Our Industrial-Complex Complex

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Fifty years ago today, outgoing President Dwight Eisenhower took to the airwaves to warn of the nation’s burgeoning military-industrial complex. With that, he not only introduced a powerful and still-relevant concept, but also a handy all-purpose suffix for describing ominous-sounding social forces.

Google’s Ngram Viewer shows that in the years following Ike’s 1961 farewell address, usage of the phrase “industrial complex” took off, peaked during the Vietnam War, and has remained fairly constant since. That’s not a scientific measure, since it no doubt includes mentions of unrelated things like this. But it also reflects the spread of Ike-inspired phrases such as the now ubiquitous prison-industrial complex, Michael Pollan’s organic-industrial complex, the celebrity-industrial complex, the Christian-industrial complex, and the sports/athletic-industrial complex.

Not to mention the sex-industrial complex, the baby-industrial complex, the diaper-industrial complex, the birthday-industrial complex, the wedding/marriage-industrial complex, and the divorce-industrial complex.

Who’s behind the industrial-complex complex? Some of the blame must go to neologism-happy journalists like, well, us. Here are a few of Mother Jones‘ recent contributions to the list: medical-industrial complex, political-industrial complex, electoral-industrial complex, academic-industrial complex, housing-industrial complex, credit-industrial complex, tort reform-industrial complex, geoengineering-industrial complex, beauty-industrial complex, cancer-industrial complex, intelligence-industrial complex, security-industrial complex, mini-homeland-security-industrial complex, foreign aid-industrial complex, spelling-industrial complex. Phew. Did I miss any?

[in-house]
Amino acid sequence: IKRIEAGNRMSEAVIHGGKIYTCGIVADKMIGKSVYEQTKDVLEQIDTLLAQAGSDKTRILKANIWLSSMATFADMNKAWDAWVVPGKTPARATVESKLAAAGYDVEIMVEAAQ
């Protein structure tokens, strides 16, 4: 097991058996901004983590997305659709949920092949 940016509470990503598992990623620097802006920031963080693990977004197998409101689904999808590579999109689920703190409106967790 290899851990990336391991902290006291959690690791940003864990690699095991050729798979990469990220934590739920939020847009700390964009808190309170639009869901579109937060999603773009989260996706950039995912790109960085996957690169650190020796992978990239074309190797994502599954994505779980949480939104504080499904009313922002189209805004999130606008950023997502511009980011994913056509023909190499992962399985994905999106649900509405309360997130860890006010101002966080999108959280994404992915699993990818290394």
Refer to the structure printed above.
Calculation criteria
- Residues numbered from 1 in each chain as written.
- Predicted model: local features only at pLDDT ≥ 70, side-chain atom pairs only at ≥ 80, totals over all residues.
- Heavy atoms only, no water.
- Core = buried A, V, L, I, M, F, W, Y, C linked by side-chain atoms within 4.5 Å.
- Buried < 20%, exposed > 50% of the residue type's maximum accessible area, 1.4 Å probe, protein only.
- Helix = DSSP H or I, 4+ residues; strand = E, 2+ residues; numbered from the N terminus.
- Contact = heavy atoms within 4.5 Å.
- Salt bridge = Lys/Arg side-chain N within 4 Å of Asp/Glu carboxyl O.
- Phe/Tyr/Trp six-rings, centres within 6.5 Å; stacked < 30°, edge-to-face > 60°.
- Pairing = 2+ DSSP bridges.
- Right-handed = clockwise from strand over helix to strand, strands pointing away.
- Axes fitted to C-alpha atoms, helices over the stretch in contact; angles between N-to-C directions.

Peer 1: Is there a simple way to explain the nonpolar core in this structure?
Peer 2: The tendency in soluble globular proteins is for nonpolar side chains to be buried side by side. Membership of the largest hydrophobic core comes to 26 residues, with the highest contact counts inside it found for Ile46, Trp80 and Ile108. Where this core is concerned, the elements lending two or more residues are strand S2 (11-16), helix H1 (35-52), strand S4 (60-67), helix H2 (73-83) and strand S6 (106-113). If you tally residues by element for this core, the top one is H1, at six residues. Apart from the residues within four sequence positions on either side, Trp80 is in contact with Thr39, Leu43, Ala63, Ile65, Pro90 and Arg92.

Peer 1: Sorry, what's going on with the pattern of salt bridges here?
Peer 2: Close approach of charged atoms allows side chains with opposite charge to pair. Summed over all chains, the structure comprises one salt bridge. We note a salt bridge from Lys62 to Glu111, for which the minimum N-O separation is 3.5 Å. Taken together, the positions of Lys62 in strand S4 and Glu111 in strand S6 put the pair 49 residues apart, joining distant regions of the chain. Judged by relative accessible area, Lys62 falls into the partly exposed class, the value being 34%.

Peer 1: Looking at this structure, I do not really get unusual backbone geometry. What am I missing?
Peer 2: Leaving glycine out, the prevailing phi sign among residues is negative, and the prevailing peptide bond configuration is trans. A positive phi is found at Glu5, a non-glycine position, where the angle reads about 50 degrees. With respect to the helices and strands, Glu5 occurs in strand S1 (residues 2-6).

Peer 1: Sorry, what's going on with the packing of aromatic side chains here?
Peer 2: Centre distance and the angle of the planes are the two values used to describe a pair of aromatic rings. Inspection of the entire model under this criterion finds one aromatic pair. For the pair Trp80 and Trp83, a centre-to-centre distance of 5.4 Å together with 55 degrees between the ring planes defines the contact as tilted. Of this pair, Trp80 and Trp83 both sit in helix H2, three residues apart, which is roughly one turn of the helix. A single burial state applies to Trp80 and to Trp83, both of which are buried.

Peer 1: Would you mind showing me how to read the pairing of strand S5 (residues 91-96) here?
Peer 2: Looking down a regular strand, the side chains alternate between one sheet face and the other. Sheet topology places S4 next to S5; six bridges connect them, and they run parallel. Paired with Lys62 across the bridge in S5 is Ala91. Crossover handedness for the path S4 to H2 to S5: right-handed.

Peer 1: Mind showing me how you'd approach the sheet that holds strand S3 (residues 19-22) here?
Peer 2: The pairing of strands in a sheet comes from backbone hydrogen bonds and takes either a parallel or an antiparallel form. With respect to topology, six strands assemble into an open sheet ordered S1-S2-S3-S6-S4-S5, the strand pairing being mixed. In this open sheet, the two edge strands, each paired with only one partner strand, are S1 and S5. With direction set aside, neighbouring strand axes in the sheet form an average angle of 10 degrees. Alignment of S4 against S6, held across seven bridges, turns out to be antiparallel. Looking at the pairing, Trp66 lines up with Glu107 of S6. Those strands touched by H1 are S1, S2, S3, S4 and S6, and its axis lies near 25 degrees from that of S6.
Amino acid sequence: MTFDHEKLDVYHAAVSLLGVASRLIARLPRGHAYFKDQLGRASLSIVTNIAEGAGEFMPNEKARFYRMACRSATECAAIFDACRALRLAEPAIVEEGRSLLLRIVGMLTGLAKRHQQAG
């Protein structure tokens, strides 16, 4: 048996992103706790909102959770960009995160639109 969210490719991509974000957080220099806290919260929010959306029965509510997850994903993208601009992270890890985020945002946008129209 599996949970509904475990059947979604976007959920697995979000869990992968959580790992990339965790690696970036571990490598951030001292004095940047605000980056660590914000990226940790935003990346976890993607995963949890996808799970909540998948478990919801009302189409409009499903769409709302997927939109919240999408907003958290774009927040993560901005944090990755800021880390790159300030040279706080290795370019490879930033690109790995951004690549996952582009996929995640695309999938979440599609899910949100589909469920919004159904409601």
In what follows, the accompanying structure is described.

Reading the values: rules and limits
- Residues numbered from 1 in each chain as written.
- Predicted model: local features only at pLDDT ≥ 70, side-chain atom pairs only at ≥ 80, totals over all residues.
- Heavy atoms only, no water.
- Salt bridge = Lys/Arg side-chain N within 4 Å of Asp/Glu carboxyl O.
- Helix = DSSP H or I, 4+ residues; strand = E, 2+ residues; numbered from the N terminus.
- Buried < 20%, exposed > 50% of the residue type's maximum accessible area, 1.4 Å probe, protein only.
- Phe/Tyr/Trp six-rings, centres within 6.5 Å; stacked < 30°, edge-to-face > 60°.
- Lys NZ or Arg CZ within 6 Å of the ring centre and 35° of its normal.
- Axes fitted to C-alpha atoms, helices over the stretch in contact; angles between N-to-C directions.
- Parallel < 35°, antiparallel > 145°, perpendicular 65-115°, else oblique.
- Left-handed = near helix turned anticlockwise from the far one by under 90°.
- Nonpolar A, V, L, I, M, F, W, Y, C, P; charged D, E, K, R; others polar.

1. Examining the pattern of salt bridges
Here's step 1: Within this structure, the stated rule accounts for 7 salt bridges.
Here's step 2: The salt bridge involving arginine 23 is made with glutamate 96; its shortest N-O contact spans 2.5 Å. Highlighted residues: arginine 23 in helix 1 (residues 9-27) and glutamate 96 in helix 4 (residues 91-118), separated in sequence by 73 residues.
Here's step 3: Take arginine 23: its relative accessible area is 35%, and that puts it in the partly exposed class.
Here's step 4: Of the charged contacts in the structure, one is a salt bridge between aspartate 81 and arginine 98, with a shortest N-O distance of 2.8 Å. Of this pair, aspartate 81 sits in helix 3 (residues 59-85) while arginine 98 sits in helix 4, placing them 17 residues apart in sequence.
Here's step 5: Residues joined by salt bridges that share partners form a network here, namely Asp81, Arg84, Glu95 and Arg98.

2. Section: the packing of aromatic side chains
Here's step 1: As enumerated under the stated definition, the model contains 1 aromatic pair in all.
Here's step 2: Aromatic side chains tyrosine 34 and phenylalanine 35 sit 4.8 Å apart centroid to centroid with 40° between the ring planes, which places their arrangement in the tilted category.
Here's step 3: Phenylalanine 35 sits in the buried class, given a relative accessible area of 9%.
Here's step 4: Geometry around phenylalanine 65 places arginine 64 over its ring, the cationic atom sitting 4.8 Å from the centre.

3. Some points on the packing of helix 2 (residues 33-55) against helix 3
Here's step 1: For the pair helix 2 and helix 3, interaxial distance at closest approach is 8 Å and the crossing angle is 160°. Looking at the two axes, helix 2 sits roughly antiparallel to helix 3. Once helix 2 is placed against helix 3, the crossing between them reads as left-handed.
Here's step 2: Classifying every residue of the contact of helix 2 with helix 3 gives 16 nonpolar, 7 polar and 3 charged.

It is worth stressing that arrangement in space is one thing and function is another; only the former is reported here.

DOES IT FEEL LIKE POLITICS IS AT A BREAKING POINT?

Headshot of Editor in Chief of Mother Jones, Clara Jeffery

It sure feels that way to me, and here at Mother Jones, we’ve been thinking a lot about what journalism needs to do differently, and how we can have the biggest impact.

We kept coming back to one word: corruption. Democracy and the rule of law being undermined by those with wealth and power for their own gain. So we're launching an ambitious Mother Jones Corruption Project to do deep, time-intensive reporting on systemic corruption, and asking the MoJo community to help crowdfund it.

We aim to hire, build a team, and give them the time and space needed to understand how we got here and how we might get out. We want to dig into the forces and decisions that have allowed massive conflicts of interest, influence peddling, and win-at-all-costs politics to flourish.

It's unlike anything we've done, and we have seed funding to get started, but we're looking to raise $500,000 from readers by July when we'll be making key budgeting decisions—and the more resources we have by then, the deeper we can dig. If our plan sounds good to you, please help kickstart it with a tax-deductible donation today.

Thanks for reading—whether or not you can pitch in today, or ever, I'm glad you're with us.

Signed by Clara Jeffery

Clara Jeffery, Editor-in-Chief

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